Trapped in a Suburban Twilight Zone

“As a Christian there is stuff I know we should be doing, and really want to be doing, but in our lives right now there just isn’t enough time.” Does that sound like something you have said? If you haven’t said it, is it at least how you have felt, yet you never dared speak those words out loud for fear that doing so would somehow force you to deal with the reality of what your own ears heard your mouth say?  In a recent conversation a friend relayed just those words to me. They had been speaking to someone who has a longing, a deep yearning, to do something more, something significant for the kingdom of God. They even have a sense of what that would be. But they just don’t have the time. Now we are not talking about starting a ministry that will end world hunger in forty days, or bring the Gospel to every person on the planet in their own language by next year. We are talking about things like, “I need to be in community with other followers of Christ in a way that we really do life together”. It is about the yearning “To live in such a way that I know my neighbors better and am serving them as Jesus serves”. It’s about “having a more devoted time of prayer and reading God’s Word so that it shapes me into who Jesus wants me to be”. It is about stuff that every follower of Christ can and should do, but so often says, “I just don’t have time”. Something is seriously wrong.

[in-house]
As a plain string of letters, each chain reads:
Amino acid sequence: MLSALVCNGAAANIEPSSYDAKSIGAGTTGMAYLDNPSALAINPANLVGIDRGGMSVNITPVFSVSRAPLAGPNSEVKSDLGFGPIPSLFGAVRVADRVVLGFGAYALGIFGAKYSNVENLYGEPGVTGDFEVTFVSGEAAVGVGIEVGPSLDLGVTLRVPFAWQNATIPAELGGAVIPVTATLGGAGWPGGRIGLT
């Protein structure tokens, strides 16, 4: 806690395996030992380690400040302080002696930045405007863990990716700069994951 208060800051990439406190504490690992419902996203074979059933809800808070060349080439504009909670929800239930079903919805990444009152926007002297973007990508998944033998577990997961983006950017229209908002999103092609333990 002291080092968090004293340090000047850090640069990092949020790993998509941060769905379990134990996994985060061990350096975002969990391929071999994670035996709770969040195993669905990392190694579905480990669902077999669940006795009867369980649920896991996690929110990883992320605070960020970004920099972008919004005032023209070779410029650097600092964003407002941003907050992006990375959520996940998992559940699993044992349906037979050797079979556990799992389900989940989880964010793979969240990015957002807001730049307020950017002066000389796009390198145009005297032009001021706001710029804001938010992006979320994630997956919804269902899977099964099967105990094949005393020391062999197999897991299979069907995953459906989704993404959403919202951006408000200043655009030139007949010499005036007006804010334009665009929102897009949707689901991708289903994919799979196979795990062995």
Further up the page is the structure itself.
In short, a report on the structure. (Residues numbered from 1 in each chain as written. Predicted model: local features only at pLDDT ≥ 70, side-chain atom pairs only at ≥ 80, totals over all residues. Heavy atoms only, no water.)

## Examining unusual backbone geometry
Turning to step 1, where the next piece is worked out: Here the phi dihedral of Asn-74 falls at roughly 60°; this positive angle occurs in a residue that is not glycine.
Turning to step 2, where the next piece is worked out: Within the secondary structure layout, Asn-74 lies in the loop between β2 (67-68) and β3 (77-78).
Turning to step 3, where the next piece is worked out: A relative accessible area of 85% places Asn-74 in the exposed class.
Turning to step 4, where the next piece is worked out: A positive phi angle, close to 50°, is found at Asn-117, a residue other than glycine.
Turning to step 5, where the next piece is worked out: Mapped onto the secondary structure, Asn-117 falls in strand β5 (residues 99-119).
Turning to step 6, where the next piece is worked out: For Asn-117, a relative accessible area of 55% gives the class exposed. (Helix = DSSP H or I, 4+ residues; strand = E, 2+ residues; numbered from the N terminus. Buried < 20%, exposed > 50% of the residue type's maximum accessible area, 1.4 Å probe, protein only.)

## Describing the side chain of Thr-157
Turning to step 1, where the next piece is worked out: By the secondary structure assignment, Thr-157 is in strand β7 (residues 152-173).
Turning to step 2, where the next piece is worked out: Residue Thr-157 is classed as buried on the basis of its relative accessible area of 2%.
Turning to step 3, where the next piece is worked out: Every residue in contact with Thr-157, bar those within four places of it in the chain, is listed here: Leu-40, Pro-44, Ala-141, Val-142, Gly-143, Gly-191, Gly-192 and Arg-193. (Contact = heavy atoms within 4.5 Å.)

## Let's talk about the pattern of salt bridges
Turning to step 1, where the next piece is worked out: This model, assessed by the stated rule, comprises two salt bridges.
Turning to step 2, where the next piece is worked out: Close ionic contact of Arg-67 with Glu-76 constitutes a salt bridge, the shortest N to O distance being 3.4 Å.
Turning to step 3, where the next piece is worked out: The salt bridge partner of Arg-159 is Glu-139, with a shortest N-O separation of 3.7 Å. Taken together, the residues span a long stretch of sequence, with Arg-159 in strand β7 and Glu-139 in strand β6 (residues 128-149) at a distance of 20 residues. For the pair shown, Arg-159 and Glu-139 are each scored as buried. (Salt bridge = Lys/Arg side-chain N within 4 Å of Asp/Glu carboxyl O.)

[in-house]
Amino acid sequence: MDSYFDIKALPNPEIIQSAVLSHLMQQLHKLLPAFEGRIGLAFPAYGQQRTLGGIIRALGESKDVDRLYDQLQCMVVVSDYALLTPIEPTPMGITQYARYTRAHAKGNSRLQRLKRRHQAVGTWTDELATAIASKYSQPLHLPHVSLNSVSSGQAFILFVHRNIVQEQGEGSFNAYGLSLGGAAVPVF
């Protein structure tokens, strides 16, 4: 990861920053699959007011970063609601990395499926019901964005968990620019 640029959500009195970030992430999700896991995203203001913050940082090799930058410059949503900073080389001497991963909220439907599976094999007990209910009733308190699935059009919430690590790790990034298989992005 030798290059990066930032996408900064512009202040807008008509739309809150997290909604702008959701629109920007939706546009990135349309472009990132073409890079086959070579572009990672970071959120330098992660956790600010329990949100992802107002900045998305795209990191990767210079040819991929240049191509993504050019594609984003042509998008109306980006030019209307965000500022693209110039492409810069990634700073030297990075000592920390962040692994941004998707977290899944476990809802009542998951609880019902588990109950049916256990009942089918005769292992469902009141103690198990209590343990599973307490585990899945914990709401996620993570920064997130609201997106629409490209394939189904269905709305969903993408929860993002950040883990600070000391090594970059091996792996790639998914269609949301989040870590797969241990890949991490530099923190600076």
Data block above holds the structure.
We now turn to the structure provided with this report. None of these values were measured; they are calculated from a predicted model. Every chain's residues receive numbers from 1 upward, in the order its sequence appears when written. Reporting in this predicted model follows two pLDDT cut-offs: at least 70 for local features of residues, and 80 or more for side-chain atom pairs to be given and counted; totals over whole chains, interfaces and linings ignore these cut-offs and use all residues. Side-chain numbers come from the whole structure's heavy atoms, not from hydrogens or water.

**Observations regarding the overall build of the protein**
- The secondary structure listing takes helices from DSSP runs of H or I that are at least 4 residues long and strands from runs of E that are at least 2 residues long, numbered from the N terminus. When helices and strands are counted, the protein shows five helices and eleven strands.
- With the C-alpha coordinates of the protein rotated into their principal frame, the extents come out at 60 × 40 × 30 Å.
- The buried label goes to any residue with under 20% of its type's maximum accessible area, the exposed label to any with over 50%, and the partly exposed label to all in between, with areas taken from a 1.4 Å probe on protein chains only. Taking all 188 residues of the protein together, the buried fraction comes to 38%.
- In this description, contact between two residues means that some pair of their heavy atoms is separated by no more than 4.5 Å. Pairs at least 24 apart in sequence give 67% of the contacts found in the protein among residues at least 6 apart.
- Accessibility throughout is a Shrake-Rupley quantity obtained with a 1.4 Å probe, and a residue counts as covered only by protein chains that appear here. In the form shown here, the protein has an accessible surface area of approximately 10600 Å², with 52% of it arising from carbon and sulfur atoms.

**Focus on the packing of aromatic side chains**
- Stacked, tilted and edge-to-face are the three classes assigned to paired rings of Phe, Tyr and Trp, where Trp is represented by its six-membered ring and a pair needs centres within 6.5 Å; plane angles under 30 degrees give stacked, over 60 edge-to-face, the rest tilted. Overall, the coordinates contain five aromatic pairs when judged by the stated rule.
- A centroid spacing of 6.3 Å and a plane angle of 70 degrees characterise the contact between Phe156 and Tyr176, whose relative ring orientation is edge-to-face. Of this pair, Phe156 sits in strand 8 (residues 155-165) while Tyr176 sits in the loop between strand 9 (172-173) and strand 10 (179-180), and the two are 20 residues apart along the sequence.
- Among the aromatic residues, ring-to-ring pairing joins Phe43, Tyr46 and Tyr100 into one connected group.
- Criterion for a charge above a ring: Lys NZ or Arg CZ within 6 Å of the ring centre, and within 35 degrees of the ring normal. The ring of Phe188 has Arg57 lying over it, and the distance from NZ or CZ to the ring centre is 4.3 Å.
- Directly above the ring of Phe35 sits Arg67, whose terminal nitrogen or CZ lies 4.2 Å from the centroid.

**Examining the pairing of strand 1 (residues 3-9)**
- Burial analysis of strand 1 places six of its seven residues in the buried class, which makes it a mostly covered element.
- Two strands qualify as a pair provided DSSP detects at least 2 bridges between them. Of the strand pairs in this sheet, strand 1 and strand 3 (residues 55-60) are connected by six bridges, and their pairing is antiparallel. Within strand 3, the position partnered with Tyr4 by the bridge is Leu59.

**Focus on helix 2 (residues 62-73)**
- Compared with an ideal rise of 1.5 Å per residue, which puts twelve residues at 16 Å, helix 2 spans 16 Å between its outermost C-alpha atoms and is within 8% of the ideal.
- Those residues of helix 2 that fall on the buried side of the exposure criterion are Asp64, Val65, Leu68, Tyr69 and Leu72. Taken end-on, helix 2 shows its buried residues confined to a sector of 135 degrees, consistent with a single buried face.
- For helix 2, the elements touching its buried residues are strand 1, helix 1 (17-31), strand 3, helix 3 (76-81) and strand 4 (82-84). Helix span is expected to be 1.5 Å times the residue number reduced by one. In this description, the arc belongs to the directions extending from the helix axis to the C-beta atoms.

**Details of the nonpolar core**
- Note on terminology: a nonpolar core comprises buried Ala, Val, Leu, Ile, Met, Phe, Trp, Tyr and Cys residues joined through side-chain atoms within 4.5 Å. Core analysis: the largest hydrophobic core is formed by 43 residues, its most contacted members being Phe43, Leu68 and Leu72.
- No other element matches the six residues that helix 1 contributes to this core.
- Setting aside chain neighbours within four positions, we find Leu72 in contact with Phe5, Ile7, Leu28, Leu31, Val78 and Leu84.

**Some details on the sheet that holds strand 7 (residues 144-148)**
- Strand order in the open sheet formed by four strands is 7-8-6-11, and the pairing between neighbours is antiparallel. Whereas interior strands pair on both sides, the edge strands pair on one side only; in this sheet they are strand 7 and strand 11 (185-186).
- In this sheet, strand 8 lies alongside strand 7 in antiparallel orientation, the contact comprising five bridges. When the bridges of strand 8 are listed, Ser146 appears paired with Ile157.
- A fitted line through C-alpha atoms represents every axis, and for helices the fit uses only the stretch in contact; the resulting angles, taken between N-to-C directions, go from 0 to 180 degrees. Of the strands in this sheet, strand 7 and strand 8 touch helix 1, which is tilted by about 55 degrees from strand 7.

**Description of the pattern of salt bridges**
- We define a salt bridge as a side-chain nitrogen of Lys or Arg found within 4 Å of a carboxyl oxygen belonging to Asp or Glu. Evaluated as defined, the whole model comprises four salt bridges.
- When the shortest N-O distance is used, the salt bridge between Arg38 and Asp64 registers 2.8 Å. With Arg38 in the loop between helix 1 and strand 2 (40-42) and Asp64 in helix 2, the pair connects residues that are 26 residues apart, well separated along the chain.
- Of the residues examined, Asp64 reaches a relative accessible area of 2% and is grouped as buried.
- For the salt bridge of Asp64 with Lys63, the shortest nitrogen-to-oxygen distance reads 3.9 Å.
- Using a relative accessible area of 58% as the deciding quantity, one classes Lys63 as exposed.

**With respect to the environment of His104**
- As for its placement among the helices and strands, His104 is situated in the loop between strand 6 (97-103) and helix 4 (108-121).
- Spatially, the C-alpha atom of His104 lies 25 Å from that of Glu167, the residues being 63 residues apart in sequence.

Think about this for a moment. There is stuff you know you should be doing and even want to be doing, but there is just not enough time. WOW! How is that possible? How can you not have time to do something you know God wants you to do and you have a desire to do? Is God playing some kind of cosmic joke on you? He gives you a desire and longing to do something and then makes the days too short for it to be possible? He gives you a desire and a command to spend more time with your children but at the end of the day He arranges your priorities so it is impossible. As a result you are left feeling frustrated, disappointed, and guilty. All because you haven’t done what you are sure God wants you to do? All the while, deep in the recesses of your soul is this feeling that God is just not being fair. He asks something of you then seems to make it impossible to accomplish. It sounds like an episode out of the Twilight Zone, where some unseen entity is running experiments on a person to see how long it takes for them to go nuts when faced with a crucial task that just can’t be completed, no matter how hard they try.

What makes this especially surreal is the explosion of modern time-saving devices. Devices that were supposed to free us up for all kinds of noble pursuits have completely failed. It took my grandmother a couple of hours everyday just to make dinner. Now we can pop it in the microwave or order take out and save hundreds of hours a year. It used to take the better part of an afternoon to cut and rake the yard with a rotary, manual push mower and a rake. Now the whole thing gets done in 30 minutes with a direct drive mower with bag attachment. We don’t even need to waste the 5 minutes it takes to make a hard-boiled egg. You can buy them from the grocery store by the half-dozen. And they are already peeled for crying out loud! So what is the deal?